News about the end of the country’s recession will cause a large bounce in property prices

Auction floors across the country have revealed that since the beginning of the third quarter of 2009, asset prices have risen and frozen commercial and residential property markets are now quickly thawing. So says Alliance Group Chief Executive, Rael Levitt. “Today’s news that South Africa’s economy has moved out of recession and has recorded positive growth for the third quarter of 2009, has been experienced firsthand by us and there has been a sharp downturn in distressed residential sales since June,” explains Levitt.

The seasonally adjusted real gross domestic product (GDP), which shows an annualised rate of 0.9% growth compared with decreases of 7.4% and 2.8% in the first and second quarters of the year, reveals that the property market will slowly claw its way back to good health. As the host nation of the FIFA Soccer World Cup, we are already experiencing a bounce in optimism and thus property values,” says Levitt.

A recent report released by the Alliance Group showed that in the third quarter there were some strong signs of increased sales activity in commercial and residential property but that the sales market is still far quieter than a year ago. According to the report, bank’s stricter lending guidelines have constrained the market as have increased concerns about tenants. According to Levitt: “Investors who can raise financing or have access to cash are now looking for value in anticipation of a rebound in commercial and residential property values over the next 12 months.”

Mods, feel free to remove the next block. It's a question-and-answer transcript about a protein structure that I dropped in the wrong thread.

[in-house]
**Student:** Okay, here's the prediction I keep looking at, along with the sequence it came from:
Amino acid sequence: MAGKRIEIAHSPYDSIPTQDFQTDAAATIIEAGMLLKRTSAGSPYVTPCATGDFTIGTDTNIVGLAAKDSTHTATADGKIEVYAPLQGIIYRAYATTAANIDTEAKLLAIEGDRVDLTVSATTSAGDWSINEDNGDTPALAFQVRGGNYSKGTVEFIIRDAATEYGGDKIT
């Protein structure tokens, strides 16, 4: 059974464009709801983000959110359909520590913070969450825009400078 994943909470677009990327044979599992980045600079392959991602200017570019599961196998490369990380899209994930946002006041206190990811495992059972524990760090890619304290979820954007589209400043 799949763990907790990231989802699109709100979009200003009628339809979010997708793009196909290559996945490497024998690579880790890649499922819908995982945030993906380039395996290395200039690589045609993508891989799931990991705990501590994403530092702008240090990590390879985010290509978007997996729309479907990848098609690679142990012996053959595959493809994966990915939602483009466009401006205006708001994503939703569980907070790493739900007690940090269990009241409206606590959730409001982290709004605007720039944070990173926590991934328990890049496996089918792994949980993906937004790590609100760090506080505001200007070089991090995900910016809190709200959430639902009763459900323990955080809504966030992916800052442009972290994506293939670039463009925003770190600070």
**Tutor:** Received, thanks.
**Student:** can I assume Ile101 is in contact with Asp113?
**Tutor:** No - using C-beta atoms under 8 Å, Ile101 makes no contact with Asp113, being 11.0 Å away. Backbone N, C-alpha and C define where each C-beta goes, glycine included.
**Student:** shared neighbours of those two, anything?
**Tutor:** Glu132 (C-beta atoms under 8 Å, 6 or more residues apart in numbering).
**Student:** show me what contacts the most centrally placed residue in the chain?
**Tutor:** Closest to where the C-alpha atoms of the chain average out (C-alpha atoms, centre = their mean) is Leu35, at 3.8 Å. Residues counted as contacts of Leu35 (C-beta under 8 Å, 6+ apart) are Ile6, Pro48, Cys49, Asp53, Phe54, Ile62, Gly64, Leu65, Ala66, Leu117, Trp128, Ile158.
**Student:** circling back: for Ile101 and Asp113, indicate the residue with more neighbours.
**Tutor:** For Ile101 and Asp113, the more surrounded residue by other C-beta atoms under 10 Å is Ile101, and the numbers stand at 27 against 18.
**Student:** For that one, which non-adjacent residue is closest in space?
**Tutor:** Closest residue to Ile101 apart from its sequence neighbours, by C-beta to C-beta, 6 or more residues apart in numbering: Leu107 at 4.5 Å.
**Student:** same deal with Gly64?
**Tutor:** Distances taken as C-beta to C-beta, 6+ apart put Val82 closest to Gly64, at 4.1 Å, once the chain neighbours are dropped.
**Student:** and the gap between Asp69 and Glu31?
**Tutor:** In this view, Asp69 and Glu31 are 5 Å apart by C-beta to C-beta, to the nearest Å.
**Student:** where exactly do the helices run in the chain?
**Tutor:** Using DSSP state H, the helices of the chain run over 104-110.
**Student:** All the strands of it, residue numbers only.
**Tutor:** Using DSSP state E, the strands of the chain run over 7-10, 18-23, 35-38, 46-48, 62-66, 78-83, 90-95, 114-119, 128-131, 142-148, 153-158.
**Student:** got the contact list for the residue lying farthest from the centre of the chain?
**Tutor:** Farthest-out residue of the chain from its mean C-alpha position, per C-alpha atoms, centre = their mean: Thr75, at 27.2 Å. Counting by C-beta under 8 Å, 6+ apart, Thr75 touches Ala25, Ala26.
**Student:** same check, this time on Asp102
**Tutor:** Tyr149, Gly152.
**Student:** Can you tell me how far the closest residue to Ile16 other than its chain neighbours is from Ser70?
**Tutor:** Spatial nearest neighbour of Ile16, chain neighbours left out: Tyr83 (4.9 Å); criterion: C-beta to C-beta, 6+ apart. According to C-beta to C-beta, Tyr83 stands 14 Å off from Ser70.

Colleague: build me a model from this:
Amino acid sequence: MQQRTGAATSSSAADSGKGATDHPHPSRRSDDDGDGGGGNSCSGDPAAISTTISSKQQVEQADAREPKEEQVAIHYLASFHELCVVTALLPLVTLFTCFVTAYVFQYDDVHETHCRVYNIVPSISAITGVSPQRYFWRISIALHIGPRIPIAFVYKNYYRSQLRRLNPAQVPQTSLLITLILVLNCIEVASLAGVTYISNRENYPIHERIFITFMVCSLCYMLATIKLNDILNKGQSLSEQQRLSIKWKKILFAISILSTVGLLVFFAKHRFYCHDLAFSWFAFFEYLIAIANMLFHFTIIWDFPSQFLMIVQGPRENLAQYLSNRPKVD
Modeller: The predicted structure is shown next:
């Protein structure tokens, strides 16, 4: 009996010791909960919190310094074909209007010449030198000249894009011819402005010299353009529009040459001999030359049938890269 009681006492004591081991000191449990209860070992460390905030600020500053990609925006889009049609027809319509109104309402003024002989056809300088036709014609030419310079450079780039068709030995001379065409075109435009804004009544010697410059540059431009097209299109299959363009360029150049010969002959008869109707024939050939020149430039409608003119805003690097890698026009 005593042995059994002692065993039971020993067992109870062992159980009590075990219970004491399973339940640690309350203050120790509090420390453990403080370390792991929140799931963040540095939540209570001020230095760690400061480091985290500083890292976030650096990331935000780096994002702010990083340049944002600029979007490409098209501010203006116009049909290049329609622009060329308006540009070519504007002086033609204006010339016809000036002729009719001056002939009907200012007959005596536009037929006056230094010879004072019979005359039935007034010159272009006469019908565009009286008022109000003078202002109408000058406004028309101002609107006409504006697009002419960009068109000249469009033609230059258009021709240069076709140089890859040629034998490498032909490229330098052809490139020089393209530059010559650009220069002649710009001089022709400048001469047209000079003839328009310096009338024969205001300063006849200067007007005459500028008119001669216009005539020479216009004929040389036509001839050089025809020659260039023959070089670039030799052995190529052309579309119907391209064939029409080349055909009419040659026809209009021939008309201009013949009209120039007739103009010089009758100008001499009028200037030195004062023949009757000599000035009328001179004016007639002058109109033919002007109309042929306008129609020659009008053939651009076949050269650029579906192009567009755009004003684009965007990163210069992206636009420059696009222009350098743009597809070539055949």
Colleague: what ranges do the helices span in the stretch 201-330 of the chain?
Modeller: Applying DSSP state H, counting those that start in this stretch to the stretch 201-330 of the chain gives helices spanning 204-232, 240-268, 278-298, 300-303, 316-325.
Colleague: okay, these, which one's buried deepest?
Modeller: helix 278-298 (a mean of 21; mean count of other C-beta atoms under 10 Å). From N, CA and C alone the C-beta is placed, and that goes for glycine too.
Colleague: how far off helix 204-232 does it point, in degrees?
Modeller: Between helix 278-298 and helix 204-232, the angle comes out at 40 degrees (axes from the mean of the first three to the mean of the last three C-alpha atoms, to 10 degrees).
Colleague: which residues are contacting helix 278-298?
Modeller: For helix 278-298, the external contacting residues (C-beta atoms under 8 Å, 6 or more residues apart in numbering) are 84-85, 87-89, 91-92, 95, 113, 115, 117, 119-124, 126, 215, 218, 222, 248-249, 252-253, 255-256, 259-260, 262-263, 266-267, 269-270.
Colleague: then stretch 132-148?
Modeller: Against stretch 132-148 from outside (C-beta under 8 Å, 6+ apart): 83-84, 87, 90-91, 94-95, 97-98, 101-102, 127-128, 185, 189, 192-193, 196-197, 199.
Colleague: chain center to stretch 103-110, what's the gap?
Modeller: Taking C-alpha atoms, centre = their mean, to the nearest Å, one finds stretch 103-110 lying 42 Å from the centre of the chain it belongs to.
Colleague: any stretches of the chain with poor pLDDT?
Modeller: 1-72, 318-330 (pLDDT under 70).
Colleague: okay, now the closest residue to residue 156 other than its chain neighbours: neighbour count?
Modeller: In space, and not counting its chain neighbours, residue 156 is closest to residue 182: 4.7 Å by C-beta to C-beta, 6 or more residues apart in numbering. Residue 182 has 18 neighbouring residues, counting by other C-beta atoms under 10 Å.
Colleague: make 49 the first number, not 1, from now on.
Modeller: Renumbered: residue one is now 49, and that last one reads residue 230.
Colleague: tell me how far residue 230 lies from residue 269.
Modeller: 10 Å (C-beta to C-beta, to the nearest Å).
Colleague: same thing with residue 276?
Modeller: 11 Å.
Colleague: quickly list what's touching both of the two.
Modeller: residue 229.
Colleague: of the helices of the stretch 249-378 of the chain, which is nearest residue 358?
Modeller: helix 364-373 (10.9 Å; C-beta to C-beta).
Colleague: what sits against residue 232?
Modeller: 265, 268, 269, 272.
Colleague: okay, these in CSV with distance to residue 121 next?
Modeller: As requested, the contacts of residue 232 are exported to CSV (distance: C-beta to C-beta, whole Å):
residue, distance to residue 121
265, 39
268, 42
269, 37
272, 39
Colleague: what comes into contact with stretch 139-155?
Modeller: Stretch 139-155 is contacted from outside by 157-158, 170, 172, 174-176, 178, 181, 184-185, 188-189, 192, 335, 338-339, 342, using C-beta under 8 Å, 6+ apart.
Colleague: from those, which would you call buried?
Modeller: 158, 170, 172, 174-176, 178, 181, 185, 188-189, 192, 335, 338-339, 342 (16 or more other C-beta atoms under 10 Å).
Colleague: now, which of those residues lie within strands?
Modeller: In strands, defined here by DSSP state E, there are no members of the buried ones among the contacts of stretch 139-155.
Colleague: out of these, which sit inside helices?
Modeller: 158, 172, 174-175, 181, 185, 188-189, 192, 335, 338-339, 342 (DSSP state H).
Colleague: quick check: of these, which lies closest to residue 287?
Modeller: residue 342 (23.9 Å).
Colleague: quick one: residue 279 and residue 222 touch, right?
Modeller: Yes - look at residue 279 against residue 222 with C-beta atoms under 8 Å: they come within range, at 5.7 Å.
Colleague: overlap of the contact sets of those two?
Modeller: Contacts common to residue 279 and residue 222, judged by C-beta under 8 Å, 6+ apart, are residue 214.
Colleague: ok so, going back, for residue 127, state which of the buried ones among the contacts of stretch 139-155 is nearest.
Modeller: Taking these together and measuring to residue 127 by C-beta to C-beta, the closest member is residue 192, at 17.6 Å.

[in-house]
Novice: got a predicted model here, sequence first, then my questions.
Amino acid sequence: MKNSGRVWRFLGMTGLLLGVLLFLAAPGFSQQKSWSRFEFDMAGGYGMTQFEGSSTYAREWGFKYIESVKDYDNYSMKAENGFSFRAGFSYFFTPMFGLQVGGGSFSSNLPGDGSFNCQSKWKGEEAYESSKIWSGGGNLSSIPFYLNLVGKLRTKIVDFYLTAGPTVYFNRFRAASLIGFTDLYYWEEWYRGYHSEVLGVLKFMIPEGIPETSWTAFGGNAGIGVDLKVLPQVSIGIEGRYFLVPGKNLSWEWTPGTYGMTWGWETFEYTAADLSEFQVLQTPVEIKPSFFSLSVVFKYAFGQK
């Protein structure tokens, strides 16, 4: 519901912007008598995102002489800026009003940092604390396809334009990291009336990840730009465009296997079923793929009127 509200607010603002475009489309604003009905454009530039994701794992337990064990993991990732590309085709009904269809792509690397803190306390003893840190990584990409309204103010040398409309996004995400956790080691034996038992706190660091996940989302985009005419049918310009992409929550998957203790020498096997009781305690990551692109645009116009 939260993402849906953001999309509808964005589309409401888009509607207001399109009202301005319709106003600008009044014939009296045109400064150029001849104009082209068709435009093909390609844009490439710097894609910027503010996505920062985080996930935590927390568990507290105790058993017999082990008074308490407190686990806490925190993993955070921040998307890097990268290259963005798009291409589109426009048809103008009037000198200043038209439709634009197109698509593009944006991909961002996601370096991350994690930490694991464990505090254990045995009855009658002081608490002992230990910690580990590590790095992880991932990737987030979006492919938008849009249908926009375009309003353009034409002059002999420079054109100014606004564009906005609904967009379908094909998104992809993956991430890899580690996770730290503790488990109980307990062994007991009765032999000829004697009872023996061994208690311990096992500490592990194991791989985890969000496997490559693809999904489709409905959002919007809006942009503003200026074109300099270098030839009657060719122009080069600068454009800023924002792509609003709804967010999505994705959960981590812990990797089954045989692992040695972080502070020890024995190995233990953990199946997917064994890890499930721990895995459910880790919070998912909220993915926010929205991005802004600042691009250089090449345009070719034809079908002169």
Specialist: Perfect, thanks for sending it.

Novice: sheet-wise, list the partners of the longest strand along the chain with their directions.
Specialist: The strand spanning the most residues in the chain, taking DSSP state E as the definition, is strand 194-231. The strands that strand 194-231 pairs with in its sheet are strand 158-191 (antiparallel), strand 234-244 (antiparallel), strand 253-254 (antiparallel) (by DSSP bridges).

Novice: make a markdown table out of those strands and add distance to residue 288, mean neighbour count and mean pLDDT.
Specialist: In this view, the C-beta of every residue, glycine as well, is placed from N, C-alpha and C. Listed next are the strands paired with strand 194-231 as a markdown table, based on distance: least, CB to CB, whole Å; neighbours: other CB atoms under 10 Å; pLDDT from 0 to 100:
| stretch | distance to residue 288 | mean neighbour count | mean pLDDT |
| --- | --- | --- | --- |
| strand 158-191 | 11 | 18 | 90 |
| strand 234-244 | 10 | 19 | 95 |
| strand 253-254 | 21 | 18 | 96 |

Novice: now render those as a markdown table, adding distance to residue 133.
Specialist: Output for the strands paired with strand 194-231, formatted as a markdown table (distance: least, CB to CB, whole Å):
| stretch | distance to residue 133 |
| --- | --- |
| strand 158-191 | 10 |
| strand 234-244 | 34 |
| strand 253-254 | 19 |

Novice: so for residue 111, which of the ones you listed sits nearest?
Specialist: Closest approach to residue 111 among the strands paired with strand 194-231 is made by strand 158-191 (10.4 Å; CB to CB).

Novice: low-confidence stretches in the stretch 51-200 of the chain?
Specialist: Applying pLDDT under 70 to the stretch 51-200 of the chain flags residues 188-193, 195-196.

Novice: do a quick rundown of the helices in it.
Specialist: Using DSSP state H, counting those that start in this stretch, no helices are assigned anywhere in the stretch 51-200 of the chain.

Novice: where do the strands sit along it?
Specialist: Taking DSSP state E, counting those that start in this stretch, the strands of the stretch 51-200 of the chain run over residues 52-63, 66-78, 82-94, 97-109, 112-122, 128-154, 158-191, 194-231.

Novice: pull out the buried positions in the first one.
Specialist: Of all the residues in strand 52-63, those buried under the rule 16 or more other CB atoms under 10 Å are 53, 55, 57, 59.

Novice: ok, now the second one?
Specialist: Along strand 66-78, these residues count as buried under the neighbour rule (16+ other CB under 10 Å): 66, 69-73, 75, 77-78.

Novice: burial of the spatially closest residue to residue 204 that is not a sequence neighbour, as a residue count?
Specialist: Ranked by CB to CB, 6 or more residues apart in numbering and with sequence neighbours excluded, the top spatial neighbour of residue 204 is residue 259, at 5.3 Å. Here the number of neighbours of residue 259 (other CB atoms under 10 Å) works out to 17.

The report also shows that there has been a bottoming out of sales confirmation rates over the last eight months, with a marginal decrease in the reserve sale price variance. “Both these indicators suggest an improvement compared to early 2009,” says Levitt. Overall, while there appears to be increased activity in the market, commercial property sales at auctions performed well below August 2008 figures just before the international credit crisis began.

Illustrative of how quickly sentiment has changed is the view of Levitt who was a self-confessed bear regarding commercial and residential property market at the end of 2008. “I have changed my mind,” he now says. “I have moved from deeply bearish to optimistic. “At the very least there will be a short-term squeeze on capital values, but South Africa will see a big bounce in 2010”.